Monday, January 13, 2014

Review : Assassin's Creed IV Black Flag


Even before its release, Assassin's Creed IV: Black Flag had already set itself from its predecessors by making the choice to focus on pirates instead of the game's namesake, the Assassins.

Even the protagonist, Edward Kenway, is nothing like the series's other main characters. Gone is the duty driven storyline (Altaïr has a duty to the Assassin Order, Ezio and Connor have duties towards their families), and a story driven by greed and personal profit takes center stage. And it’s actually a nice change.

But otherwise, the story feels underwhelming. To be honest, I don’t remember much of it, just flitting from island to island chasing people and information pertinent to the mysterious Observatory. By the end, you hardly realize it’s the end. The last target is done away with very simply: fight off a few lackeys, climb some stuff, jump on him, stab him in the neck, and the rest is cinematics. Not to mention I felt cheated because for most of the game Edward isn’t technically an Assassin.

Another thing I wasn’t so keen on: general controls. Climbing was irritating; Edward kept making huge leaps off of buildings and climbing on all sorts of things I didn’t want him to (like chests, for example). Combat in particular was strange. At times it felt too easy. A little indicator appears over the enemy’s head as he moves to attack. All you have to do is press the appropriate counter button, followed by the attack button. If Edward’s surrounded by multiple enemies, he can usually perform a kill streak this way. This system sounds fluid. But often times, it gets choppy. You find Edward suddenly snapping out of the animation to start fighting another dude.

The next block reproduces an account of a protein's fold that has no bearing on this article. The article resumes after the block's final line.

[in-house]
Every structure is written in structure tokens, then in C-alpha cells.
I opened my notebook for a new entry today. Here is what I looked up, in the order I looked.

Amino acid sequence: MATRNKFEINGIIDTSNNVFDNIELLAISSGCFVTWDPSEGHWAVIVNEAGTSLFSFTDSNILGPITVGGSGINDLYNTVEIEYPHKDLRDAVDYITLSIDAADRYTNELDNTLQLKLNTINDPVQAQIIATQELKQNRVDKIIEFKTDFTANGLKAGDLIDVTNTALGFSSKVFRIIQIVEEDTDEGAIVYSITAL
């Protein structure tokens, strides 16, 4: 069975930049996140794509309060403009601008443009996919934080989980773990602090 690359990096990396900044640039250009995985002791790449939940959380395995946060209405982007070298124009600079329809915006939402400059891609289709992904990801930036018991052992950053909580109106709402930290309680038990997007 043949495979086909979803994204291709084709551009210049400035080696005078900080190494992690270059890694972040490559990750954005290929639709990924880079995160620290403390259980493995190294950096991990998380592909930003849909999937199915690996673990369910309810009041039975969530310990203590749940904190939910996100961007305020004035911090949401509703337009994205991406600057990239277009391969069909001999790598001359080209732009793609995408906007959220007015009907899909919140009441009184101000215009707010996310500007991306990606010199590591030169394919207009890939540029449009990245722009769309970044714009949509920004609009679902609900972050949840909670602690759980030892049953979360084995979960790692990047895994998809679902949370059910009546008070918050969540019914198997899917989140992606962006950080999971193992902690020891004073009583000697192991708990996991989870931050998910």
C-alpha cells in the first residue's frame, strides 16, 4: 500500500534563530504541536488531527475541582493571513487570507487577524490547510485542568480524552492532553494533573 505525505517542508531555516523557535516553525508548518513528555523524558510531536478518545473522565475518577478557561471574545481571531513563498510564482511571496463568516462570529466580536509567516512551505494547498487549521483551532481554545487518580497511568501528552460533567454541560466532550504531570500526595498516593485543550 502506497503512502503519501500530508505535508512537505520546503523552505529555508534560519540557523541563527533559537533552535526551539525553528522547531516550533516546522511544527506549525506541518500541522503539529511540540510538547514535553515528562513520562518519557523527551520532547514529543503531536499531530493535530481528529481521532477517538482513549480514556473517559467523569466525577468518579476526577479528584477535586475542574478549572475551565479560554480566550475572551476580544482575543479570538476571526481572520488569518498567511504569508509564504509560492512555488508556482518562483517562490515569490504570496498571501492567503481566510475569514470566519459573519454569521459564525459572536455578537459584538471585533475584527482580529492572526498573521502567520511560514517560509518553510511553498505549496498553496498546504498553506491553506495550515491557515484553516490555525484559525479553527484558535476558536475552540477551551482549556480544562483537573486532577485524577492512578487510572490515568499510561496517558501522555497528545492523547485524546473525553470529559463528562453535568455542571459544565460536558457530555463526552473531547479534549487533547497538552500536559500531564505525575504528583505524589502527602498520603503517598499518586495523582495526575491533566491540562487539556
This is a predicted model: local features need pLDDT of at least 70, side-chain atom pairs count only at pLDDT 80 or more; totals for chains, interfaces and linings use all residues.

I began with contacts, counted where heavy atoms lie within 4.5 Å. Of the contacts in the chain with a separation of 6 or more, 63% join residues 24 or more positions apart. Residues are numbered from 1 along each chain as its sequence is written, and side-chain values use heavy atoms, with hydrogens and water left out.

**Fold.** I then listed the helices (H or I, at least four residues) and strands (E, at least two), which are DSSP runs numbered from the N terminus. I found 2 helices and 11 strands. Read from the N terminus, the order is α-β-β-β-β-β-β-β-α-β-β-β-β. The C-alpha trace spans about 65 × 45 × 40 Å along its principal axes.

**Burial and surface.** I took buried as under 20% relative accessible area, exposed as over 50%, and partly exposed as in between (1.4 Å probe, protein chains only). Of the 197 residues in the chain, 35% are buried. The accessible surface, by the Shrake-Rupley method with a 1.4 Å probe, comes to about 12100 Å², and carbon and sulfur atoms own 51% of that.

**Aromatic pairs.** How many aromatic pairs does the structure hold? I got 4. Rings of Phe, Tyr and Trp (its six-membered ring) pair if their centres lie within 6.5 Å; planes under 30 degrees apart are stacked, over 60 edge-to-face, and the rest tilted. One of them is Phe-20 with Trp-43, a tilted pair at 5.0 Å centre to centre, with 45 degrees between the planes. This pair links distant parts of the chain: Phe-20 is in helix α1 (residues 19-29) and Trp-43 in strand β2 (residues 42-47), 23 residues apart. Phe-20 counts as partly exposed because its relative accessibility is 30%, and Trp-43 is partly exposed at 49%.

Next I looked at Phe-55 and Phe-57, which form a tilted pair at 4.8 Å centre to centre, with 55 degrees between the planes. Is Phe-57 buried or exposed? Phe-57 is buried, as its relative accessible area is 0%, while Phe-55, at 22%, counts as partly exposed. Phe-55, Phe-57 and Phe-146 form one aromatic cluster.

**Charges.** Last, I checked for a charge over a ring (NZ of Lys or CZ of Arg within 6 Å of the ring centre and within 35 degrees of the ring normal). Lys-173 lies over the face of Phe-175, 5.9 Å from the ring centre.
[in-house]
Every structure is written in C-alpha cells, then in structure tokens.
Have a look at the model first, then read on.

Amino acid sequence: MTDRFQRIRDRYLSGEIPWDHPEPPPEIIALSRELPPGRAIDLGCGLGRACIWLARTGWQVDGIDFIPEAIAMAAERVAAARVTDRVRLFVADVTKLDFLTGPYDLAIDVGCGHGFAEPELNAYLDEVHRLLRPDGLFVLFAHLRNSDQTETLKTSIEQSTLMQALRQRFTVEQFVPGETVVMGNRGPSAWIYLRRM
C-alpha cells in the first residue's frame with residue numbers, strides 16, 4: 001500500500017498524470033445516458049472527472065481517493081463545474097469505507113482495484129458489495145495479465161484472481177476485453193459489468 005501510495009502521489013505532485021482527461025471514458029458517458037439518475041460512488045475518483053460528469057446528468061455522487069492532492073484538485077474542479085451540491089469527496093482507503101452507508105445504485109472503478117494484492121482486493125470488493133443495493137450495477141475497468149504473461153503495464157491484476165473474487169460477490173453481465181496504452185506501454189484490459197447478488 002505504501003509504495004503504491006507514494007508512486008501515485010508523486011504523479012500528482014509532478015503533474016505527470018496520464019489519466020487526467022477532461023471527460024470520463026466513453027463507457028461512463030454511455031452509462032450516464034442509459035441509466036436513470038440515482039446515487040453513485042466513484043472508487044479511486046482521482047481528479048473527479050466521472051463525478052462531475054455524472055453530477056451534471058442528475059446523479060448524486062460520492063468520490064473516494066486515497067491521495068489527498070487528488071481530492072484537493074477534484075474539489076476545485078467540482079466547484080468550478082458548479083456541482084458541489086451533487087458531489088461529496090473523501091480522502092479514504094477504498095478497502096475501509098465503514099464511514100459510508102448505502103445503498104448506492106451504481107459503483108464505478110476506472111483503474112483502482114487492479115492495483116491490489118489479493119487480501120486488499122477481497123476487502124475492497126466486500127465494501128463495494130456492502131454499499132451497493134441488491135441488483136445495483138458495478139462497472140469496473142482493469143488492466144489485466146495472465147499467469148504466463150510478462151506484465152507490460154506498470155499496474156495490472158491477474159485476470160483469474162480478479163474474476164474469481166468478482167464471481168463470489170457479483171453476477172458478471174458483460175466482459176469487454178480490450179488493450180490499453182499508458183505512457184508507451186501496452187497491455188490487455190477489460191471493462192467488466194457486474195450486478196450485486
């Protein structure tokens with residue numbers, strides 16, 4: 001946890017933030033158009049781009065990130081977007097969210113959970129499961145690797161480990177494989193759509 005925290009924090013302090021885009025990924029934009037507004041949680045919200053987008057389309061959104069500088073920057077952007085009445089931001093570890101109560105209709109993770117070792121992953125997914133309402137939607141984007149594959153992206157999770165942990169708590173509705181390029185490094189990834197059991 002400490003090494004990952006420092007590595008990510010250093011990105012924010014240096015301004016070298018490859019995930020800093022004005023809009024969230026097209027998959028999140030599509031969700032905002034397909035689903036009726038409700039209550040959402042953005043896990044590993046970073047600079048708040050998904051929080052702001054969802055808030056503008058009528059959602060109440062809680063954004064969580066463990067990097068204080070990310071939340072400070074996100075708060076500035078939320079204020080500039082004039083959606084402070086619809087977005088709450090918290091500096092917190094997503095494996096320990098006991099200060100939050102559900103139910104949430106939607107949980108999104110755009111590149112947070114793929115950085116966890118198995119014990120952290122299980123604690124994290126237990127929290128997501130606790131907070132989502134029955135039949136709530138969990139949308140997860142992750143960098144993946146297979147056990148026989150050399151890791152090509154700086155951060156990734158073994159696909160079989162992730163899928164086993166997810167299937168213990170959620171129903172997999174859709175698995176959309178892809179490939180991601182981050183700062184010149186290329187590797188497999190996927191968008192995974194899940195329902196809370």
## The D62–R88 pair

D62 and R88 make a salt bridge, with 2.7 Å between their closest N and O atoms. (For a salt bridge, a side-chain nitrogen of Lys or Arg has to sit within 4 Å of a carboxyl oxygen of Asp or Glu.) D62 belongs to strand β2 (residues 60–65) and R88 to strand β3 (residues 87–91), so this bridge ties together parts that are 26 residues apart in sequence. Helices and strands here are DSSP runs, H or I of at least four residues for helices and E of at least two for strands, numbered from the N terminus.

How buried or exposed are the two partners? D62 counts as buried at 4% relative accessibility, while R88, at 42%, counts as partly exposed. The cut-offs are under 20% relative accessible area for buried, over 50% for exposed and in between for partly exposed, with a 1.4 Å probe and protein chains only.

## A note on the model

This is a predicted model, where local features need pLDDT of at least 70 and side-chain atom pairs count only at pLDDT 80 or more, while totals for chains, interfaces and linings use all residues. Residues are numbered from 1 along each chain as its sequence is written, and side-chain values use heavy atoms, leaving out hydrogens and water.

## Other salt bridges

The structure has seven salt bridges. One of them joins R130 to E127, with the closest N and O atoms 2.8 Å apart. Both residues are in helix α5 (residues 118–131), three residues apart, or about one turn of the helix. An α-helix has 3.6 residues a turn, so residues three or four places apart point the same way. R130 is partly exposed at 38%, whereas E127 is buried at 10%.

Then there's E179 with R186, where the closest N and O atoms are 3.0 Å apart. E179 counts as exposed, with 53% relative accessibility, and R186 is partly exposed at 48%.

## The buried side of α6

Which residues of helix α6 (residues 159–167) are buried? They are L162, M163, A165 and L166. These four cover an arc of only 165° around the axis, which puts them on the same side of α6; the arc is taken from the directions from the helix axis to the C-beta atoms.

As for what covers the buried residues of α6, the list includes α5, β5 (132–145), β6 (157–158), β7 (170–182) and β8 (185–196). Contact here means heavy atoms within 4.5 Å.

But fighting in this game is not all bad. In Assassin’s Creed III, using the ship was one of the things I hated the most. Here, it surprised me by being quite fun. I enjoyed exploring uncharted islands and taking down other ships. I guess there’s just something about killing a bunch of people and stealing all their stuff that…floats my boat. Plus the sea looks absolutely superb. In fact, for the most part, the graphics are quite good, save for a few glitches (Edward’s weapons go through his clothes on occasion. Hair still looks terrible. Rain looks bad.)

Another surprisingly good part of the game: the present day first-person sequences, in which you play an Abstergo employee hacking all the computers. Yeah, they got a bit repetitive, but I thought the info they revealed was cool (except for the audio tapes, I hated listening having to listen to them).

I know I’m mostly complaining here, but overall, I think this game was a success (a lot better than AC3 anyhow). I’d give it a solid 8/10.

So, to recap:

Things they could have changed/improved:
- the story underwhelming and a general letdown
- combat was inconsistent
- Edward kept climbing all over all sorts of things I didn’t want him to (like chests!)
- having to fight guys to unlock taverns (it was easy, and I know bar fights happen, but really?)
- the enemy AI at times seemed off. Once, I was climbing an eagle tower, and guards were crowding underneath me. I synchronized and all the guards disappeared, save for a couple that were standing still, as if posted there.
- crafting. I just really hate crafting. But I’ve also been playing Far Cry 3 lately so that’s possibly contributed to it.

Things that were cool:
- graphics, especially the sea
- maybe I’m twisted, but in the end I was pleased at how many of the ‘good guys’ that died in this game. Adds to the realism, I guess.
- using the ship was great. Felt like such a badass by the time I’d upgraded the cannons and hull. I guess there’s something about killing a bunch of people and stealing all their stuff that…floats my boat.
- exploration : loads of different islands and shipwrecks to explore
- I was surprised by how much I liked the first-person present day bits. Yeah, they got a bit repetitive, but I thought the info they revealed was kinda cool (except for the audio tapes, I hated listening to them).

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